But, contends the hospital, such negligence occurred during the performance of a "medical" act and, accordingly, under the so-called Schloendorff rule, the doctrine of respondeat superior may not be applied to subject it to liability. The difficulty of differentiating between the "medical" and the "administrative" in this context, highlighted as it is by the disagreement of the judges below, is thus brought into sharp focus.
That difficulty has long plagued the courts and, indeed, as consideration of a few illustrative cases reveals, a consistent and clearly defined distinction between the terms has proved to be highly elusive. Placing an improperly capped hot water bottle on a patient's body is administrative (Iacono v. New York Polyclinic Med. School & Hosp., 296 N.Y. 502), while keeping a hot water bottle too long on a patient's body is medical (Sutherland v. New York Polyclinic Med. School & Hosp., 298 N.Y. 682). Administering blood, by means of a transfusion, to the wrong patient is administrative (Necolayff v. Genesee Hosp., 296 N.Y. 936),
From distinctions such as these there is to be educed neither guiding principle nor clear delineation of policy; they cannot help but cause confusion, cannot help but create doubt and uncertainty. And, while the failure of the nurses in the present case to inspect and remove the contaminated linen might, perhaps, be denominated an administrative default, we do not consider it either wise or necessary again to become embroiled in an overnice disputation as to whether it should be labeled administrative or medical. The distinctions, it has been noted, were the result of "a judicial policy of compromise between the doctrines of respondeat superior and total immunity for charitable institutions." (Bobbe, Tort Liability of Hospitals in New York, 37 Corn. L. Q. 419, 438.) The better to understand the problem presented, a brief backward glance into historical beginnings proves profitable.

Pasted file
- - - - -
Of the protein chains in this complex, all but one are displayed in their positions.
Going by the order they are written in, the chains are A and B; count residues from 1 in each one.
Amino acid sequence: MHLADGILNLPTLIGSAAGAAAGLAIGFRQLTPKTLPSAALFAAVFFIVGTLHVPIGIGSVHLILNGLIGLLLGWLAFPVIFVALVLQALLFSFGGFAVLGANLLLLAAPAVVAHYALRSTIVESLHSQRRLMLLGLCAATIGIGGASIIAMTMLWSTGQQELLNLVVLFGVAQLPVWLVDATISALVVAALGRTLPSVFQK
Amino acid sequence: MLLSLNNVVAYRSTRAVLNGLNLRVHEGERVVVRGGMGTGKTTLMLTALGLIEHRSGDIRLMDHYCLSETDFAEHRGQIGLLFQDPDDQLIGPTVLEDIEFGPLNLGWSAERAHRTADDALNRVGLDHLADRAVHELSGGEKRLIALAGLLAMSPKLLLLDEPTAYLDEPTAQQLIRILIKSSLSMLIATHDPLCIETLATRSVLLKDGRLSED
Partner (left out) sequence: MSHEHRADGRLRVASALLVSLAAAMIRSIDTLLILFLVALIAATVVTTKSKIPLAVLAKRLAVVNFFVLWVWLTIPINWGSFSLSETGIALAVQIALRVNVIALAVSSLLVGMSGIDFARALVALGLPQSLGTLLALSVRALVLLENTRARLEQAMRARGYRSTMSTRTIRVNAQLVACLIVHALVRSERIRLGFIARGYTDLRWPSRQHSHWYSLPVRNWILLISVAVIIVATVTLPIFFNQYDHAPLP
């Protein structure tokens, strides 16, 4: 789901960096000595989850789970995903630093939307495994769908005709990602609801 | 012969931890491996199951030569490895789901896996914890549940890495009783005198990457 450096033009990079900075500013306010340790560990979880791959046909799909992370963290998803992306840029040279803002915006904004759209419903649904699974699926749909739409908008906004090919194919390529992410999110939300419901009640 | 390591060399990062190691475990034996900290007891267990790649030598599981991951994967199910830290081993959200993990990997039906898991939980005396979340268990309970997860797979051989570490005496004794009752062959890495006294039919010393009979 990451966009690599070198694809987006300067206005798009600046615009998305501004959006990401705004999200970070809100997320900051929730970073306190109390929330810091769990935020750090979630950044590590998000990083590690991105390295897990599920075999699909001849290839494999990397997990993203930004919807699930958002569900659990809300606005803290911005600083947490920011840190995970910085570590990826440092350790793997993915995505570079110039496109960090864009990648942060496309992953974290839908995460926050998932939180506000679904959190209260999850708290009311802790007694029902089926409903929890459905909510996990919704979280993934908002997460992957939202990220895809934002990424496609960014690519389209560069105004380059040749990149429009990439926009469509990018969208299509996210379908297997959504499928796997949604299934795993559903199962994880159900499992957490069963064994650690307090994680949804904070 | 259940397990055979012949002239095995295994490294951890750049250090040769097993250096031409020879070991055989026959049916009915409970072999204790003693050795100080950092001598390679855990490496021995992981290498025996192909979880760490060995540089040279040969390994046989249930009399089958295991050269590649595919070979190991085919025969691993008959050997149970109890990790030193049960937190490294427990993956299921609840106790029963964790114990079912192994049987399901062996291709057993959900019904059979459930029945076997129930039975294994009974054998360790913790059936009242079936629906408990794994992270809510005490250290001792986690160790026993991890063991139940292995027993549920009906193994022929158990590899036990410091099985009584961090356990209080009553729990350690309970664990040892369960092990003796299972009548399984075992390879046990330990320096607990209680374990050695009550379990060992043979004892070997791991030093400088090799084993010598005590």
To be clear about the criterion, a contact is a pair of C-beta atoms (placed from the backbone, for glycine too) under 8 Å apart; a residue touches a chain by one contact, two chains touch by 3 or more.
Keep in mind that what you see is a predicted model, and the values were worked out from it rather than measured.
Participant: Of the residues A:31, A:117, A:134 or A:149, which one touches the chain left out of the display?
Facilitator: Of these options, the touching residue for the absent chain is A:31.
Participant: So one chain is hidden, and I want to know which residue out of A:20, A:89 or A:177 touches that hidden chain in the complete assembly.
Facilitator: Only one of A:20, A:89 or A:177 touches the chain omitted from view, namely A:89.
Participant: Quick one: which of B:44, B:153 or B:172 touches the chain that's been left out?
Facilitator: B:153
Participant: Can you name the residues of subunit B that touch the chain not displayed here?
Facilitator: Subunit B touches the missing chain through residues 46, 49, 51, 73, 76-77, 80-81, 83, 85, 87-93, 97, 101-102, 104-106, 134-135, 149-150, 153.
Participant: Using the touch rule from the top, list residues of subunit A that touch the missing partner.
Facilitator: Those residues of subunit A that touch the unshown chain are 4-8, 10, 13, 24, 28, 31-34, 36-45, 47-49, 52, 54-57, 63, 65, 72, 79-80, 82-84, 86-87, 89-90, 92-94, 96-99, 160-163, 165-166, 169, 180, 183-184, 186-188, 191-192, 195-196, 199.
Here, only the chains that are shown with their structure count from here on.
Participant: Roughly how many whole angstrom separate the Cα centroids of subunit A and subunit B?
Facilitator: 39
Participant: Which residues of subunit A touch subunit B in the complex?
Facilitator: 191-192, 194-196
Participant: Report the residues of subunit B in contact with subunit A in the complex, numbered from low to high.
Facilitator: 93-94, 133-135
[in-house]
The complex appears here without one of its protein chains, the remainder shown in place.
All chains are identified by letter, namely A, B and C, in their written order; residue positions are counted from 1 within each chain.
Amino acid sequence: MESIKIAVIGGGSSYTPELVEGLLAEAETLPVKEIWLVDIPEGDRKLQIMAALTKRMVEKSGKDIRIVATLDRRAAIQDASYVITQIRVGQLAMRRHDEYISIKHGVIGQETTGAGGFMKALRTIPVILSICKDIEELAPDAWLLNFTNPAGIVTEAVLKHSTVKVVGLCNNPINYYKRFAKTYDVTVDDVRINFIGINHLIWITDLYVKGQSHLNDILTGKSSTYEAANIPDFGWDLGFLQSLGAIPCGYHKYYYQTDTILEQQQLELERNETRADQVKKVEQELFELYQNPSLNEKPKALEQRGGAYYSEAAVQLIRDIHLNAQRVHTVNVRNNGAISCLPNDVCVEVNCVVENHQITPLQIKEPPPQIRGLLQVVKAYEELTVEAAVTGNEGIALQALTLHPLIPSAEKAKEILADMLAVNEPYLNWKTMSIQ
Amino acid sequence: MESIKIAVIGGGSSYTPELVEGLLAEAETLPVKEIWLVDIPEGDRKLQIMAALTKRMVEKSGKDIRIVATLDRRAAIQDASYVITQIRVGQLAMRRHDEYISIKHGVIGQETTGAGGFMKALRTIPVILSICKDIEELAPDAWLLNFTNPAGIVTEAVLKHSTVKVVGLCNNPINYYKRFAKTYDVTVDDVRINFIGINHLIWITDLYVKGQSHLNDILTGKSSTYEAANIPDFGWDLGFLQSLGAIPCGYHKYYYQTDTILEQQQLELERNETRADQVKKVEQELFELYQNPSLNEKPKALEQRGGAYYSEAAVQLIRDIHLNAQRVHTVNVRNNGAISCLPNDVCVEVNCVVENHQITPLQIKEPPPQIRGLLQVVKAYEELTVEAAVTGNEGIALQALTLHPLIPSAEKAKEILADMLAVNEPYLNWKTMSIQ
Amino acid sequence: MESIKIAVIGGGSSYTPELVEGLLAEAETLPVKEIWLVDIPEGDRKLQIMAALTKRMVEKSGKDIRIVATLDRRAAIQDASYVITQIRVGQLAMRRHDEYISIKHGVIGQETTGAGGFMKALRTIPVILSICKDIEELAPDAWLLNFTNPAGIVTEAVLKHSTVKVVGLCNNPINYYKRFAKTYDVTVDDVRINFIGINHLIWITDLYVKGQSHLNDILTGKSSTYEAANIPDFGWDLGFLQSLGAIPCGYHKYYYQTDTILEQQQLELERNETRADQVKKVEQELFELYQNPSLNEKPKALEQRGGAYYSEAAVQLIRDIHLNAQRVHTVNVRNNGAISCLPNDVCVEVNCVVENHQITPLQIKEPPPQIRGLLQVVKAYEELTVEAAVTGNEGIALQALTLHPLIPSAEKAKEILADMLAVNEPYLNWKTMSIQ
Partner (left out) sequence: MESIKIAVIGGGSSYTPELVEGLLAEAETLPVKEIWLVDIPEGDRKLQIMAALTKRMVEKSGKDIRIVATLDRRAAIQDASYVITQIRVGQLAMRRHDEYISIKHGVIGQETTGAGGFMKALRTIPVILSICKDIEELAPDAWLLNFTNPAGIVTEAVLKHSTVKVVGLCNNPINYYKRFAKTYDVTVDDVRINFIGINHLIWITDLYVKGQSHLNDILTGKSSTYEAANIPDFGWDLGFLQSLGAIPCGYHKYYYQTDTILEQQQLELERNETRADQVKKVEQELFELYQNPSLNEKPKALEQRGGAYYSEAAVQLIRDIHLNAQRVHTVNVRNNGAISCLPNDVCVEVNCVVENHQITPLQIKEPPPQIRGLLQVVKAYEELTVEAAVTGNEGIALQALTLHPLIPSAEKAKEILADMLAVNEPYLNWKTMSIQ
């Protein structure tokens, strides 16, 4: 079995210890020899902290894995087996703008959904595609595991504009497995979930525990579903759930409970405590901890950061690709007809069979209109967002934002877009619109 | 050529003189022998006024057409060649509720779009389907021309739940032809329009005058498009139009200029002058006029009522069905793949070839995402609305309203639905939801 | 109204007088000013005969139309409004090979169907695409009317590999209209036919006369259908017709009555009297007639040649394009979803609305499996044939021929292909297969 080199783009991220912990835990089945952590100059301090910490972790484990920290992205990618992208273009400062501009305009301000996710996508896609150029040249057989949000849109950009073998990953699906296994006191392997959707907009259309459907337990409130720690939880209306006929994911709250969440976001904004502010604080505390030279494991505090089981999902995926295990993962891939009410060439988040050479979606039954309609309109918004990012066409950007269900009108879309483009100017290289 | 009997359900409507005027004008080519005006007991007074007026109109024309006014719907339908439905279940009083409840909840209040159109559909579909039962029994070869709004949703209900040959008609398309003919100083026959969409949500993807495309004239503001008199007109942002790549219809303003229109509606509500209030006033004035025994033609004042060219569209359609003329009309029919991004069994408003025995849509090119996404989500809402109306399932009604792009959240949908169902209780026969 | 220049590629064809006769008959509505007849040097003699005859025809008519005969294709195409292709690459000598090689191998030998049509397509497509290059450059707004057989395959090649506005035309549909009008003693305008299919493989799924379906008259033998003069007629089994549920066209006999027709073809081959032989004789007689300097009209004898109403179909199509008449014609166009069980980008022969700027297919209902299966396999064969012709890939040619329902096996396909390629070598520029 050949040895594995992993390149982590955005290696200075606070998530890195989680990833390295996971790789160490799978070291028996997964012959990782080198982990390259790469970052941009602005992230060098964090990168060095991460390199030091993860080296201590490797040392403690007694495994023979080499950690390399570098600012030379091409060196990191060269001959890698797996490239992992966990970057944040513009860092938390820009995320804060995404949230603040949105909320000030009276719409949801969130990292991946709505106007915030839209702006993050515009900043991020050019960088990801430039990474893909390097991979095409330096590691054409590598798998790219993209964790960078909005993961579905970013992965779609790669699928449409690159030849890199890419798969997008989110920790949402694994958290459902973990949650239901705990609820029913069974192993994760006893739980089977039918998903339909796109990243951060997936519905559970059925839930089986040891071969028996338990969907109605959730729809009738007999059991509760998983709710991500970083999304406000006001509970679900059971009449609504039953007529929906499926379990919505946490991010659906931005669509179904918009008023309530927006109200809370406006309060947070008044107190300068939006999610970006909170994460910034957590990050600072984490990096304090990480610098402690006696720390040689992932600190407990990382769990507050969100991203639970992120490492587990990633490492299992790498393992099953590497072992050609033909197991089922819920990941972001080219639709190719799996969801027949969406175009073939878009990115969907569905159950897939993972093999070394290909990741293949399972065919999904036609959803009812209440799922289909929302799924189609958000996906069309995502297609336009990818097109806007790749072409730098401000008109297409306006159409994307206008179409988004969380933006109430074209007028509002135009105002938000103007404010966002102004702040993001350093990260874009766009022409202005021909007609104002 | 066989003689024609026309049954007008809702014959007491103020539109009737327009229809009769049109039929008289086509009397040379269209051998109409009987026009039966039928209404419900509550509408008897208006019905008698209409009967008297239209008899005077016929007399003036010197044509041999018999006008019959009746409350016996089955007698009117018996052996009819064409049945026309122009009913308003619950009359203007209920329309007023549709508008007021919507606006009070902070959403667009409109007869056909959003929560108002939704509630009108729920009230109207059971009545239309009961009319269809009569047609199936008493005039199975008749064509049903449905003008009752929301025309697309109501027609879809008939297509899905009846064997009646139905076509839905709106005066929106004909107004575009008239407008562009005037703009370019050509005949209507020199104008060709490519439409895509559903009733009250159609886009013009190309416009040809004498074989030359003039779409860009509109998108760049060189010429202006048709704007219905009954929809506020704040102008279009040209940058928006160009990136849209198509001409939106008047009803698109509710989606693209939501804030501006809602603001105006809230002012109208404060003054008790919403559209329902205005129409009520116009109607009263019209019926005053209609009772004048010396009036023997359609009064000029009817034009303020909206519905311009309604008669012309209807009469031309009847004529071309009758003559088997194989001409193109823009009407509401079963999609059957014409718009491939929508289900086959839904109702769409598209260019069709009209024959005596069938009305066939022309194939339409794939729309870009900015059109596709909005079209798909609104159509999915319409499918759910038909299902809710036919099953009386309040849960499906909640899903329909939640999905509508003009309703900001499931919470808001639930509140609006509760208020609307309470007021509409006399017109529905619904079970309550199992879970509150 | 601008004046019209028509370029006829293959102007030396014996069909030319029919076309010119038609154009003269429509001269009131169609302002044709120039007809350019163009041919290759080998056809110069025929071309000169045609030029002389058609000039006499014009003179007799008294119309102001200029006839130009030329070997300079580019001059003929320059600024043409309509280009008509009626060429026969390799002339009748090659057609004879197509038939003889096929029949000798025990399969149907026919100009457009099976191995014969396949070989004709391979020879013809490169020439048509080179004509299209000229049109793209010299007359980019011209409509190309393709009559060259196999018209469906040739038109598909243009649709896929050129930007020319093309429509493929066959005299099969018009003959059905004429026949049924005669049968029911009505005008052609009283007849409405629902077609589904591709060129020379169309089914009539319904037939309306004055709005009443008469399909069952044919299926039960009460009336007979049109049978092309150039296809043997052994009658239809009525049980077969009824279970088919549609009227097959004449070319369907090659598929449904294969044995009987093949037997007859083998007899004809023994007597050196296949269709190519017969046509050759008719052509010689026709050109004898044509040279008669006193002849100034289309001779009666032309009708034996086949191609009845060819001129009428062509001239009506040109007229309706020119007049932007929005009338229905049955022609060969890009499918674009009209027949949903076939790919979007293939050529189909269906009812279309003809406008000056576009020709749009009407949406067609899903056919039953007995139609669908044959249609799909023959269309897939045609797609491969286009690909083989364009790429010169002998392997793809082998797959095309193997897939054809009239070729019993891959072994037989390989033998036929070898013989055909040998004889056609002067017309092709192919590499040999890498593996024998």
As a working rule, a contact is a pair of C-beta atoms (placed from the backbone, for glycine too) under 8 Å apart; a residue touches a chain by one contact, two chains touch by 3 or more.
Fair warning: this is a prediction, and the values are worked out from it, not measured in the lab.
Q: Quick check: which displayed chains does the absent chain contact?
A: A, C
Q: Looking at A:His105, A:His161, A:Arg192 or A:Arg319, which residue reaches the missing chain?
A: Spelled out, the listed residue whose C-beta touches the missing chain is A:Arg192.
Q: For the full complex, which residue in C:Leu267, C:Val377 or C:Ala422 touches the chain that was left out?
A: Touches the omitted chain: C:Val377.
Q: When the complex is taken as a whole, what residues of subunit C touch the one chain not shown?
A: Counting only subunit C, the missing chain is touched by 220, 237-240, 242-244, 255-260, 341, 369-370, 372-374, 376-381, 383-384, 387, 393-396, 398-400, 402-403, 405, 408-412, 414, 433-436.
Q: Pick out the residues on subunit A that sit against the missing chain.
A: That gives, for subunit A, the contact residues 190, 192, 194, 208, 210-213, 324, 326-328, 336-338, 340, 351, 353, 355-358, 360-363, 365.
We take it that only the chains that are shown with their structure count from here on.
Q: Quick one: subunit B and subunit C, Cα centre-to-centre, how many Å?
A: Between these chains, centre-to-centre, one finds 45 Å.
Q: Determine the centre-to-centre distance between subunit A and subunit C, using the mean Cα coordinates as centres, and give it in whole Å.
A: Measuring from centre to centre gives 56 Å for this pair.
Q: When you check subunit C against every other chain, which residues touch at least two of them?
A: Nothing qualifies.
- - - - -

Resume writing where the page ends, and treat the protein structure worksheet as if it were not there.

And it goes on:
The doctrine declaring charitable institutions immune from liability was first declared in this country in 1876. (McDonald v. Massachusetts Gen. Hosp., 120 Mass. 432.) Deciding that a charity patient, negligently operated upon by a student doctor, could not hold the hospital responsible, the court reasoned that the public and private donations that supported the charitable hospital constituted a trust fund which could not be diverted. As sole authority for its conclusion, the Massachusetts court relied on an English case (Holliday v. St. Leonard's, 11 C. B. N. S. 192, 142 Eng. Rep. 769), which in turn was based on a dictum in a case decided in 1839 (Duncan v. Findlater, 6 C1. & Fin. 894, 7 Eng. Rep. 934), failing, apparently, to note that the dictum in the earlier case had been overruled (see Mersey Docks Trustees v. Gibbs,